Nosipho Mthembu New Face of Canoeing in South Africa

Nosipho Mthembu is a game changer and knows what it means to shatter barriers. Her win on the Momentum gsport Awards stage is the latest in her growing list of achievements and the Ministerial Recognition of Excellence award recipient hopes this will pave the way for many young girls interested in canoeing.

The 19-year-old became the first black woman to qualify for the World Junior Marathon in China last year, bringing home gold from the All Africa Games in Morocco to cap off a stellar 2019 on the water.

The KwaZulu-Natal local started her sporting career at age 11, after a prohibited excursion to explore the Shongweni Dam with her friend opened up a new interest and sport. The ‘fast learner’ admits she hasn’t looked back since.

“I started canoeing in 2013 at the age of 11, at that time I was doing karate and playing soccer,” she explained.

“I remember the day very vividly – it was in March – I followed my friend to the dam, I didn’t even ask my parents for permission to go, for them going to the dam was a big risk. There were rumours around the community that there was a big snake in the water.” – 2020 Momentum gsport Awards Ministerial Recognition of Excellence Award recipient, Nosipho Mthembu

“When I first started, I did a few lessons and was hooked. Thankfully I was a fast learner and after a week of training I was ready for my first race that weekend. I remember coming last, but that is what I love about this sport. It takes you to different places and introduces you to different people and cultures. My family is very supportive; all I have to do is train hard and focus on qualifying for events.”

Mthembu hasn’t let the Covid-19 pandemic put a stop on any of her goals and aspirations as she remains focused on her journey and seeking opportunities to grow her profile and achievements in the sport.

Her current goal remains winning the Dusi Marathon – a gruelling marathon canoe race held over three days between Pietermaritzburg and Durban along the Msunduzi and Mngeni Rivers, over a total distance of 120 kilometres. She has participated in this race for three consecutive years, and after finishing last in her first attempt, walked away with a fifth place finish earlier this year.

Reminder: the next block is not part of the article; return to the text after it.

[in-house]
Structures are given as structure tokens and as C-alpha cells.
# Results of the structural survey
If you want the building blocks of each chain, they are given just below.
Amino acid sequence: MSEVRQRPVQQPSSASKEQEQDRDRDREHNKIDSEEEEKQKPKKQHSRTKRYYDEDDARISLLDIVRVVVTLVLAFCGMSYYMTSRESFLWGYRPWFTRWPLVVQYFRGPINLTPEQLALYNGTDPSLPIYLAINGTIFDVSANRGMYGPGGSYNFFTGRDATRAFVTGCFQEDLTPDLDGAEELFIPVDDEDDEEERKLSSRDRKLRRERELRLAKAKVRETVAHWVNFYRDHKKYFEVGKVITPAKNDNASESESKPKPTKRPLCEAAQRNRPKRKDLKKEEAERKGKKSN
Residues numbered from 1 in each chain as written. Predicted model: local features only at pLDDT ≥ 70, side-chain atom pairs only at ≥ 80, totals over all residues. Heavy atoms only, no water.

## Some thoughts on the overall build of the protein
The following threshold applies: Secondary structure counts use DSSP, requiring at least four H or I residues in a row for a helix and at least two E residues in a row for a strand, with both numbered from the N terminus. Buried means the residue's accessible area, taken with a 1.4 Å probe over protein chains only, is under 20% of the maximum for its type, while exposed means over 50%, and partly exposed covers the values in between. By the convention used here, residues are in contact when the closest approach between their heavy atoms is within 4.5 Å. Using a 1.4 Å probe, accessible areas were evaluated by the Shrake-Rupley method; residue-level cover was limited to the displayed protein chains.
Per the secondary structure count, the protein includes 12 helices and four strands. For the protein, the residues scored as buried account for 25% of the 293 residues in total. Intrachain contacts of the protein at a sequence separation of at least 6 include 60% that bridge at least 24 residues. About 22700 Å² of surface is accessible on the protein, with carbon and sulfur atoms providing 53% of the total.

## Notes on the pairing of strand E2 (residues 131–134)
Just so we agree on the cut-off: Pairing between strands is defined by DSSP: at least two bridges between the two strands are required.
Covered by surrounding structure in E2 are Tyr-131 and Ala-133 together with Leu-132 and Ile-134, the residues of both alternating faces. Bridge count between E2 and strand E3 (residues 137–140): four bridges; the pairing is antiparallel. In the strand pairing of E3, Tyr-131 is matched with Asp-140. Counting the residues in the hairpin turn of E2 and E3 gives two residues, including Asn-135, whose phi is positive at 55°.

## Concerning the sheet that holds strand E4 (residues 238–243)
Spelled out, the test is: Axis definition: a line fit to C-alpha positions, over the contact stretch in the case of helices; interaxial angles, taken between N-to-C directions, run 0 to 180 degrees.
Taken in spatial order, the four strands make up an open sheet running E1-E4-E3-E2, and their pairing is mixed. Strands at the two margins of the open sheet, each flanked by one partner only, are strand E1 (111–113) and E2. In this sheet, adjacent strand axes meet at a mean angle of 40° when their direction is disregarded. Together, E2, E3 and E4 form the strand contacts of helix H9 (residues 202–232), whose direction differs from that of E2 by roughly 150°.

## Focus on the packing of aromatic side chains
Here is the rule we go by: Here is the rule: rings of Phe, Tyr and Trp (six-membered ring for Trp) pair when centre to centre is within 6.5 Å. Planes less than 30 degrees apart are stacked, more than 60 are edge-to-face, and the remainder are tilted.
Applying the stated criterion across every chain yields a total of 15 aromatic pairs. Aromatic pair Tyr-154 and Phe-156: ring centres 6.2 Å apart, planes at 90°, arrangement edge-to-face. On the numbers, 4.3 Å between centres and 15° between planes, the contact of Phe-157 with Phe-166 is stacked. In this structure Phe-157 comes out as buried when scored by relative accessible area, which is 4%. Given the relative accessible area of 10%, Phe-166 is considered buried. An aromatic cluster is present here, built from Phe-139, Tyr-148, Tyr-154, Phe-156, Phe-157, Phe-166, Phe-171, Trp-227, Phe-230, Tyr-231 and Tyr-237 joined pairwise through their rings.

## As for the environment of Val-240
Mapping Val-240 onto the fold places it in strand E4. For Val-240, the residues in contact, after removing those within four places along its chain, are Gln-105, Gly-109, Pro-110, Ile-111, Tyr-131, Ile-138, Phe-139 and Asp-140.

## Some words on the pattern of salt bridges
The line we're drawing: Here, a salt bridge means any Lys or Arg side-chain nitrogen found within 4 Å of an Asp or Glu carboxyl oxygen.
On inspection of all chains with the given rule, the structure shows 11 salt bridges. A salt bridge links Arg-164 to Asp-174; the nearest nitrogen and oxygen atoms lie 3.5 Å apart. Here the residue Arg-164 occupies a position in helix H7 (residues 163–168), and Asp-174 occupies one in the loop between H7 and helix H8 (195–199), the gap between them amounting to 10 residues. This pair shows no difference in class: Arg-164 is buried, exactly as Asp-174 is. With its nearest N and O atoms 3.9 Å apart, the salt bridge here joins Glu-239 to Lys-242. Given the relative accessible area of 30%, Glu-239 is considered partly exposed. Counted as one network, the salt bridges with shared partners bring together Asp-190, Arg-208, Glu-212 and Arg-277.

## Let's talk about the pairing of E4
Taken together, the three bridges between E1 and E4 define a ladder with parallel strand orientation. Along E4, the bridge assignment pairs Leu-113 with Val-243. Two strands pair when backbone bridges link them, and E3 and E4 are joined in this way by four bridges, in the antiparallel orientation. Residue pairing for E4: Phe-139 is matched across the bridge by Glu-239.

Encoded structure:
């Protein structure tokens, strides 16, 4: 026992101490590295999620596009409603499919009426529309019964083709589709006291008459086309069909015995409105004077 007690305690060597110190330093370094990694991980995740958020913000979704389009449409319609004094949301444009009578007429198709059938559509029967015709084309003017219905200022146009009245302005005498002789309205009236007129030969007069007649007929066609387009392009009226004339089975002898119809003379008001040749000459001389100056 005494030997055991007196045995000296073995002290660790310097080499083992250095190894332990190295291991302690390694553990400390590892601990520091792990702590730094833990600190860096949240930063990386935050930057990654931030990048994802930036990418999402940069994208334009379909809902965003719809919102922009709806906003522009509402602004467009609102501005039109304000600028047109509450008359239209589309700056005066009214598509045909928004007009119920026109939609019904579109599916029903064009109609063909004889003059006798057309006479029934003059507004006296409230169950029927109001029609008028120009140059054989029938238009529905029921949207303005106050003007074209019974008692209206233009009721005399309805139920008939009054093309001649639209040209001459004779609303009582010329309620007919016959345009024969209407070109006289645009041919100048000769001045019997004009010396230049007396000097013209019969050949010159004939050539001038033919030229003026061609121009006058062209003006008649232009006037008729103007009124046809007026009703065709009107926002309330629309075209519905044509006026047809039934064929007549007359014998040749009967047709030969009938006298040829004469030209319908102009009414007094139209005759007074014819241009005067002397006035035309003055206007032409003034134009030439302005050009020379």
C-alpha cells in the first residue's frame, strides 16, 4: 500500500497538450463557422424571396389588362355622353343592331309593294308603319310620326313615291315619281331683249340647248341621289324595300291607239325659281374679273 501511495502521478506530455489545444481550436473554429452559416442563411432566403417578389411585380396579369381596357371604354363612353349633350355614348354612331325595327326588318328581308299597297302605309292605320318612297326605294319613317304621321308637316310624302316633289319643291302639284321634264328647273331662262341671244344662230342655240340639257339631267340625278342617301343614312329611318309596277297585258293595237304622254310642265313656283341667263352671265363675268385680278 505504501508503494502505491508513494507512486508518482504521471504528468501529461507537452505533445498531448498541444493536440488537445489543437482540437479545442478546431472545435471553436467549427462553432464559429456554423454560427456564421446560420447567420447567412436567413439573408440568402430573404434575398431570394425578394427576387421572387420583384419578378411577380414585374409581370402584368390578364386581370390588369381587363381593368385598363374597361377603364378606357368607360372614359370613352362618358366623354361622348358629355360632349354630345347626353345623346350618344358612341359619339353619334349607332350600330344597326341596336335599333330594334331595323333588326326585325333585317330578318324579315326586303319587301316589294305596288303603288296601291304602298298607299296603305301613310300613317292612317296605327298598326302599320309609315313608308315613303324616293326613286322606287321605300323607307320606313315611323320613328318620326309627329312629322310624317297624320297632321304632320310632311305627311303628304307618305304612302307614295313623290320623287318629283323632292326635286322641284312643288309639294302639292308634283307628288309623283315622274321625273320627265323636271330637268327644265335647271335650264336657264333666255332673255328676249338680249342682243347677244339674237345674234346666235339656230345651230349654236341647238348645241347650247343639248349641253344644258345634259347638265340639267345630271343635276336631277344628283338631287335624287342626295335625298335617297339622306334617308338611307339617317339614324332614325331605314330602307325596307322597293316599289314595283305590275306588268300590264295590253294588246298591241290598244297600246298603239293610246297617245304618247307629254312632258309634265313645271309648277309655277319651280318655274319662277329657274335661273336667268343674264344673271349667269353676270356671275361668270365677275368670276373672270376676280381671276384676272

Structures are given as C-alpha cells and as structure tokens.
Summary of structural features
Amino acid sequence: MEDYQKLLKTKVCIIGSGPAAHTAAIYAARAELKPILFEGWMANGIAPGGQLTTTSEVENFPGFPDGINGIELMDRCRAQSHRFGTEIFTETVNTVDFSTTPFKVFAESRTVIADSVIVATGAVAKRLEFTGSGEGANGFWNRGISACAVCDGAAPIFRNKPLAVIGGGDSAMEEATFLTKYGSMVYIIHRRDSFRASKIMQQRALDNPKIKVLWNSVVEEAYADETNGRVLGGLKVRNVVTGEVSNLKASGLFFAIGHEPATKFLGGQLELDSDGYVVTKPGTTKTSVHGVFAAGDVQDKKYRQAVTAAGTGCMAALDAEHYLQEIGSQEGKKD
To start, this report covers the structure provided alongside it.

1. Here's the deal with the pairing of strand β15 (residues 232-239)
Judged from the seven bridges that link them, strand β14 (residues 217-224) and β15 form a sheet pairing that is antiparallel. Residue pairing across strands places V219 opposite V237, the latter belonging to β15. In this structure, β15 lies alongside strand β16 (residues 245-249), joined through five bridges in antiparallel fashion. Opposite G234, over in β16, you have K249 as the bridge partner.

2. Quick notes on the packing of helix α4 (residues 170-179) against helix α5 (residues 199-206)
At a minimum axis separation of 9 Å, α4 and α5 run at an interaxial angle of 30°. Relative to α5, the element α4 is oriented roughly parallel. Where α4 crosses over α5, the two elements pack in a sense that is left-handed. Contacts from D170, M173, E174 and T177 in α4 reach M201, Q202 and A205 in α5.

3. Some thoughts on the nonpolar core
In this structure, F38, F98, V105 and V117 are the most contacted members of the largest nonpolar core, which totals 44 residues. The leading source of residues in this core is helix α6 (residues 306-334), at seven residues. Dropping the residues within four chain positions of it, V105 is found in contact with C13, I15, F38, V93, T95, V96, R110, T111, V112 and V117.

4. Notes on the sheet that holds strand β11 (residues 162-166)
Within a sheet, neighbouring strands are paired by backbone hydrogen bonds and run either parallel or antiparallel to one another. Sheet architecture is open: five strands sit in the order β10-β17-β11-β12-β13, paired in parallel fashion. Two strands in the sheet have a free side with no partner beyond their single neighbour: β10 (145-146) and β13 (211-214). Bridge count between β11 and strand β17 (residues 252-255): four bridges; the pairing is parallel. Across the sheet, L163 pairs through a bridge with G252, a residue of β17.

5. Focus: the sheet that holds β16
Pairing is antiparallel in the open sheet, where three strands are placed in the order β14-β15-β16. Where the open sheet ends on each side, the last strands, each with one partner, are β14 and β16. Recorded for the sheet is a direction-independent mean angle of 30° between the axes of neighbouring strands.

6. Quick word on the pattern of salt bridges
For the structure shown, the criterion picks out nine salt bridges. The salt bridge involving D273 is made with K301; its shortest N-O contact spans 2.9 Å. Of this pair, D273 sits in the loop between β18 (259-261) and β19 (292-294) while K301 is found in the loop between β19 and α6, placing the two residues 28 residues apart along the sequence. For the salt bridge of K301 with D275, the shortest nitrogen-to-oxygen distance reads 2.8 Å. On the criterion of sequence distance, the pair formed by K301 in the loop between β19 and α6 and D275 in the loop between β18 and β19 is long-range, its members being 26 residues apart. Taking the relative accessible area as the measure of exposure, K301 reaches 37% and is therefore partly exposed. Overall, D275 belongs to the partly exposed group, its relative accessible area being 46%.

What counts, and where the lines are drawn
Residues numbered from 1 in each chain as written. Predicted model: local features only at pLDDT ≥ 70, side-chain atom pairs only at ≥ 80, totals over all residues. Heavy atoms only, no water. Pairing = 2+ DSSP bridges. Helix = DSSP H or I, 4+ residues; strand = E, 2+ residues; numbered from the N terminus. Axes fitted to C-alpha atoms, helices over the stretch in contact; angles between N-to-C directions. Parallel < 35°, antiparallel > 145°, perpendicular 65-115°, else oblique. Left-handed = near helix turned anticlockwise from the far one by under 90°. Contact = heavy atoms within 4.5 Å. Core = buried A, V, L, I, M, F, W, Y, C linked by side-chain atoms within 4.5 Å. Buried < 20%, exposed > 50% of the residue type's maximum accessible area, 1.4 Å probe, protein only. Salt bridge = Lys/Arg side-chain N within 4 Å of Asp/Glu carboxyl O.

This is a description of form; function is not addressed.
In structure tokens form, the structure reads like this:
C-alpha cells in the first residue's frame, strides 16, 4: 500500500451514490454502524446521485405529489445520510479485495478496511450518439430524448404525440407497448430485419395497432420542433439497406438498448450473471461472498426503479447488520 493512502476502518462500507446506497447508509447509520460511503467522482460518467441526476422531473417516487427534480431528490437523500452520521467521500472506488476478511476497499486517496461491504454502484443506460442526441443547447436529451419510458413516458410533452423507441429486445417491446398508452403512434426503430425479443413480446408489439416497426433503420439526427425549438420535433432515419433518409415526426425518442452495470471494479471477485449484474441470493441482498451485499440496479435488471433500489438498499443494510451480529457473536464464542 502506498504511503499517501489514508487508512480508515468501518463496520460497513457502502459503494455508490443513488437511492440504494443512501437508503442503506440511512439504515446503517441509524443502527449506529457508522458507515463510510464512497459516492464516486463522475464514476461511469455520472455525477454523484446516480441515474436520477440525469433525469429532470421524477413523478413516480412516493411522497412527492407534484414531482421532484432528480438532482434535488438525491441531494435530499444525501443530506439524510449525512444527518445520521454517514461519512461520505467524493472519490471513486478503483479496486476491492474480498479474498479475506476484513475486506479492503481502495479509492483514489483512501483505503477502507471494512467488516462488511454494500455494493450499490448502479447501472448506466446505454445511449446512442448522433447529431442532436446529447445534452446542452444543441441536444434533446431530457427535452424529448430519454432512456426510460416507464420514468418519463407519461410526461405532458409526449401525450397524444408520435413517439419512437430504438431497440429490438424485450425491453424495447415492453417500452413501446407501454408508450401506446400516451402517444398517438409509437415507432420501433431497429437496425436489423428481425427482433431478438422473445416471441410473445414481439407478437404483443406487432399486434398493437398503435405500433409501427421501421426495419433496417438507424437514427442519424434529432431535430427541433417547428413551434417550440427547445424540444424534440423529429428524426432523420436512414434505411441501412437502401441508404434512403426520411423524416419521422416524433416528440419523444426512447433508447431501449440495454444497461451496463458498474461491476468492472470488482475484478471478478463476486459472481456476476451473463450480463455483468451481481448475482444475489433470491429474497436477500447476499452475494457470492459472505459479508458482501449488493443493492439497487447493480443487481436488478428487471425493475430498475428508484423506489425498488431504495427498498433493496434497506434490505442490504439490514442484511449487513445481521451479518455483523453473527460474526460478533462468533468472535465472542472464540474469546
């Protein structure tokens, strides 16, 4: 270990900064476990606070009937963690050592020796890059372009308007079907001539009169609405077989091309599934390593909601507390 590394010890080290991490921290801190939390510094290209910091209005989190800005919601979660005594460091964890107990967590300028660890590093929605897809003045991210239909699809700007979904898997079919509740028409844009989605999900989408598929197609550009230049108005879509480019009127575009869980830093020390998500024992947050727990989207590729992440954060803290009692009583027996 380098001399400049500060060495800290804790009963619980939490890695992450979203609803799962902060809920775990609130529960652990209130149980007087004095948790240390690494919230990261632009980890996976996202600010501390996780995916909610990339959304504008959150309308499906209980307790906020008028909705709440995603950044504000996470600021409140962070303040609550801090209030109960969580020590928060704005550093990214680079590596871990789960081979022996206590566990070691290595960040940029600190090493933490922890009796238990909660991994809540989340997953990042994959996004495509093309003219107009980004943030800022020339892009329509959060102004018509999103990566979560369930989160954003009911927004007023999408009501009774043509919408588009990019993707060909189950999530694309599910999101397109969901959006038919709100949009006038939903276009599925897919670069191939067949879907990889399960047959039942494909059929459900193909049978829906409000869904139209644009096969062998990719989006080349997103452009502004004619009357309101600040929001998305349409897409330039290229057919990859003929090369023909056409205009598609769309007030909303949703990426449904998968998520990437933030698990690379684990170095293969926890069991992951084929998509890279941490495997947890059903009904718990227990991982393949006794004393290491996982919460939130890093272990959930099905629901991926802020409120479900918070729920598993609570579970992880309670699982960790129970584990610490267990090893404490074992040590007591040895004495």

“The Dusi is a special race, you get to face many challenges for three days,” she explained.

“It is extremely tough, paddling and running for nearly 120 km, it is hard, but it gives you focus on what you are doing. When you get to the finish line you know that your family, supporters and coach are all waiting.” Nosipho Mthembu on her goal of winning the Dusi Marathon

Nosipho credits her support structure and family as her biggest inspiration and motivation, particularly in a sport that receives very little funding and profiling. KZN Canoeing and the KZN Department of Sport, Art and Culture have played an important role in her advancement in the sport, often providing the necessary equipment and support for her races.

“I have two people who I look up to. Sbonelo Khwela is my role model and a river racing champion. One day I want to run like him, the Dusi is about running and I am learning a lot from him. For flat water inspiration it is Bridgitte Hartley. She won a bronze medal at the Olympic Games and I got to race with her at the World champs last year. She is an inspiration and someone I can learn from.”

Participating at the World Junior Marathon in the same boat as her role model, Olympic bronze medallist, Hartley, ranks high on her list of career highlights so far and her ultimate dream is to represent her country at the Olympics and to be a celebrated World Champion across the globe.

“I would like to attend the World Canoeing Marathon again; it is always a challenging tournament which tests your skills against the best in the world. The Olympics are the dream, hopefully in four years I can represent South Africa there.” 

Mthembu’s achievements, along with the efforts of Momentum Athlete of the Year & World Surfski Champion Hayley Nixon, shone a vital spotlight on Canoeing in South Africa.

“My award really raised the profile of canoeing in South Africa because the sport is not profiled like football, rugby or netball,” she said.

“This award is huge for our federation. With very little funding, Canoeing SA is achieving big things.” Nosipho Mthembu talking up the feats of Canoeing South Africa

“We need to create more awareness and campaigns around the sport to open up interest to young girls,” Nixon continued. “We need to reach out to young girls and give them an understanding of the sport and what it requires to perform at national level.”  

Nixon looked on at Mthembu with pride on the Momentum gsport Awards night, knowing that the future of canoeing in South Africa was bright.

Watch. This. Space.


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